A couple years ago I briefly got back into table top gaming, building up a Blood Bowl collection, and gathering up all my old RPG books and games from attic storage up in Vermont. It was a fun summer/fall, but less people got into it than I hoped, and at the end of the day it became another thing I had to organize (I have way too many things on that list). After a year boxed up it’s time to let that hobby go to make space for a Solar Telescope.
I’ve started posting the Blood Bowl teams up on ebay (lots more to come, including some of the 1st ed stuff I bought back in the early 90s). There are also a whole bunch of 1st and 2nd ED AD&D books that I’ll get around to posting over the next couple of weeks, and some other random bits of games. If any of that is of interest to anyone, feel free to let me know.
Today I learned:
The Play Station (as it was originally called) started out as a CD add-on for the Super Nintendo, until the deal was broken in a very public way and Philips entered into a similar partnership with Nintendo. The Philips and Nintendo combination ended with some terrible licensed games on the CD-i platform and nothing else. Sadly for Nintendo, Sony was infuriated by the double-cross and vowed to enter the gaming market. Rarely has revenge tasted so sweet.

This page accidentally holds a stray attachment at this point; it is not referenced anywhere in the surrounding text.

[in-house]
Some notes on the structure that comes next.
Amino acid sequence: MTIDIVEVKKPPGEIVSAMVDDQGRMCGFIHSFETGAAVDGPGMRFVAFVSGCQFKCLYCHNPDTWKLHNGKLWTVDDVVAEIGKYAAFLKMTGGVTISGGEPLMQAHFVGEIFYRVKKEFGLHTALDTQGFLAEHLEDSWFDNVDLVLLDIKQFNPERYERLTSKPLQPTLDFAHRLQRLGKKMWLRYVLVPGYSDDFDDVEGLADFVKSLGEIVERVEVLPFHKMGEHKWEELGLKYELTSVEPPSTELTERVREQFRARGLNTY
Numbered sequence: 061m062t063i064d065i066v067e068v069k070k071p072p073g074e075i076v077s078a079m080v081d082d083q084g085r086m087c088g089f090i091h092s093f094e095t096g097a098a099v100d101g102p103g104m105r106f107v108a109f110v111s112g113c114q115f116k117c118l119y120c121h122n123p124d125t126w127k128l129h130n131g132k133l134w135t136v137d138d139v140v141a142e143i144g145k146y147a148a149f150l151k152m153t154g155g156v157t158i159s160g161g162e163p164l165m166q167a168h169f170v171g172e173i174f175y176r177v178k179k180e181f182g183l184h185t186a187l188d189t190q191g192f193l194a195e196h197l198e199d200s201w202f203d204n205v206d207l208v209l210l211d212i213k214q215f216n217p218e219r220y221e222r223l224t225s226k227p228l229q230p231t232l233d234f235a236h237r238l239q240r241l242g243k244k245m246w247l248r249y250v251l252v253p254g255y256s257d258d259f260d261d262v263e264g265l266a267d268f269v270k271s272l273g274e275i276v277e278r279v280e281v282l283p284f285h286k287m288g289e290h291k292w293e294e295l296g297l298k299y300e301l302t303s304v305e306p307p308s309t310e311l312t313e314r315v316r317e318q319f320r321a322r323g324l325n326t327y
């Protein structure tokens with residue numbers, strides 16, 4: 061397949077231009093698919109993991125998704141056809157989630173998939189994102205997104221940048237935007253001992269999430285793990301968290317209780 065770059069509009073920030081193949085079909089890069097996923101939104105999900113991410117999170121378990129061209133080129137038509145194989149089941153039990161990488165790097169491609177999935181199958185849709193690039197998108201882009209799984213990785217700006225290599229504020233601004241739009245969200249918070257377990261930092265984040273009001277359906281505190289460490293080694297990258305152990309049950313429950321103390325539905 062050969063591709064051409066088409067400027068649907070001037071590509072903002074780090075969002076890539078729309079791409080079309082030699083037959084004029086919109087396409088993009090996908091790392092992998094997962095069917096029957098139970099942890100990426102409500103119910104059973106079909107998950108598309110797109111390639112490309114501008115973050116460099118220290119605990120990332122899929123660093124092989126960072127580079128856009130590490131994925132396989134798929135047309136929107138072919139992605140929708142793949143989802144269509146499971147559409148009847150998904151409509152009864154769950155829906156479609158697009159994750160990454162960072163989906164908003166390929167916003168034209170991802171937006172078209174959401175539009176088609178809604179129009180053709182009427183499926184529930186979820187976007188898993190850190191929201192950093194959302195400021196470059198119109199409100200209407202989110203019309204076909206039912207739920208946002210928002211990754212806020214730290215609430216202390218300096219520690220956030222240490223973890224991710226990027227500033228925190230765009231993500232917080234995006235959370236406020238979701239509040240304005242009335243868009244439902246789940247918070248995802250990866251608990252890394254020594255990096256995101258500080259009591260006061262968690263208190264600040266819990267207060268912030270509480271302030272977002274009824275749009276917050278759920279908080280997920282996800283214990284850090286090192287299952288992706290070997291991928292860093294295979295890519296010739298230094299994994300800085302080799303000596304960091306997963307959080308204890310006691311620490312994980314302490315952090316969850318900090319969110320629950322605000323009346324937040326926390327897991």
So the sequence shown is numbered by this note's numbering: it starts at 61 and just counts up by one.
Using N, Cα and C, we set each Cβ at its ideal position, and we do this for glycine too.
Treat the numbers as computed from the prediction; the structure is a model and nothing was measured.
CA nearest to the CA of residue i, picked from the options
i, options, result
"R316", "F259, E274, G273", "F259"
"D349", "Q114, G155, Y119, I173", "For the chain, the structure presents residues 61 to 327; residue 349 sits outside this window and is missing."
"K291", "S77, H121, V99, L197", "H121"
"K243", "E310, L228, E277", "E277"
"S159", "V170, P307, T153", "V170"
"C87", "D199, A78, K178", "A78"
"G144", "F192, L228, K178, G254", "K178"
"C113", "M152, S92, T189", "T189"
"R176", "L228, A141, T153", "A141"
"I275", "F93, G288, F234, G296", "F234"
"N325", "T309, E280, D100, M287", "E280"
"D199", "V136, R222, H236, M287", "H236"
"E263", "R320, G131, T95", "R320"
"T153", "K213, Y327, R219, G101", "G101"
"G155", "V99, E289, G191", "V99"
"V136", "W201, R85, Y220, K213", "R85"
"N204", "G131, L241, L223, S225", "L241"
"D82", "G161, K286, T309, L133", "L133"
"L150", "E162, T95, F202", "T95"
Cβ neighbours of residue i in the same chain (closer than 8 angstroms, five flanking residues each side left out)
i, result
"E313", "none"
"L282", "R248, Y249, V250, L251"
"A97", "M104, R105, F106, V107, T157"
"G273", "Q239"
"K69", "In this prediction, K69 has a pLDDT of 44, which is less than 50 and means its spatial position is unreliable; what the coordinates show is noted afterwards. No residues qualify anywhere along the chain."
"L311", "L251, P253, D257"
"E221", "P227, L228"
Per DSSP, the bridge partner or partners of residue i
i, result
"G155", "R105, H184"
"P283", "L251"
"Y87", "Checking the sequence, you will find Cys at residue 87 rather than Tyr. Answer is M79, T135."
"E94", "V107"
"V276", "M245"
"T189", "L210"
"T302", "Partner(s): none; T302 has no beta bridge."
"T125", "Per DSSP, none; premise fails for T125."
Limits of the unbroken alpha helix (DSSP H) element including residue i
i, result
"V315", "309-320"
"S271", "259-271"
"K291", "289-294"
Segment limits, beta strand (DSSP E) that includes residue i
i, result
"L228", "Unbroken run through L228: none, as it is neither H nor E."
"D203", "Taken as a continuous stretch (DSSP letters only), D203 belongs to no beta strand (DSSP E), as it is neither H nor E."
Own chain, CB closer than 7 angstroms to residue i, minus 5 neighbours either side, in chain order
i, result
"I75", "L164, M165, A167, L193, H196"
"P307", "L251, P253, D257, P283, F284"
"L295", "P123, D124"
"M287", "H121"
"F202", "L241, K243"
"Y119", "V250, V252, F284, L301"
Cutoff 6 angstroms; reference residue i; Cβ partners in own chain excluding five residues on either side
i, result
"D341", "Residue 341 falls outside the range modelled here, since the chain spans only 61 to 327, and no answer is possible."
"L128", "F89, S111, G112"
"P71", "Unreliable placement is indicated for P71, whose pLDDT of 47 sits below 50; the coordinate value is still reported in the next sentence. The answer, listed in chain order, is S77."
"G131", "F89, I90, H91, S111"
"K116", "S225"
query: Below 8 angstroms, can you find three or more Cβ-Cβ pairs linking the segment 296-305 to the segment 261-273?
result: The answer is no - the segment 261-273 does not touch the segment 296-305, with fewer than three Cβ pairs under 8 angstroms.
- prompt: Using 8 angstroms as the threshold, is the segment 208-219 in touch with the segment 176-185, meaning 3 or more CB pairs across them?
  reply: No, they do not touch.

Apparently spite is the step-mother of invention.
Pandemic is a really amazing game. Instead of players playing against each other, you are playing against the game mechanics to try to cure the world of 4 diseases that are breaking out in different geographies. Difficulty level can be adjusted by setting the frequency of the outbreaks.
The noob level of pandemic is 4 epidemics. Susan and I can pretty much beat every instance of that. Last night we managed our first victory at the 5 epidemic level (after a fare number of losses). For anyone that knows the game, they’ll notice we were at our final outbreak level when we won.
When I was 12 my friend Travis introduced me to Dungeons and Dragons, which led to a 4 year romp through all manner of Role Playing Games and Table Top Games. The list is extensive, and I’ve honestly probably complete forgot the names of most of them, as I realized in catching up with Jay on facebook last night. We even wrote our own game, and 85 page rulebook, during that time. It was the earliest piece of creative construction that I’m really proud of.
But 4 years after 12, you turn 16, discover girls, get in fights with friends (often over the girls), and assume everything is *so important* all the time (definitely including the girls). The games were left behind as a casualty of growing up, and an attempt to change image from being “one of those geeks” to something else.
At the age of 32 I happily accept and embrace my geekiness. Recently Pyg (local friend, and an avid gamer) started talking about blood bowl again. Of all the games I left behind, that was probably my favorite. Think rugby meets lord of the rings. It’s played with miniatures on a table top pitch.
I kept thinking, and saying, “I’d be up for giving that a shot again”. Pyg printed out a couple of copies of the living rules for us to read up on, and finally we got a free evening for both of us to give it a shot. We’ve played a couple of games now, and have finally sorted out the rules again, which have evolved quite a bit since I bought my set back in 1991.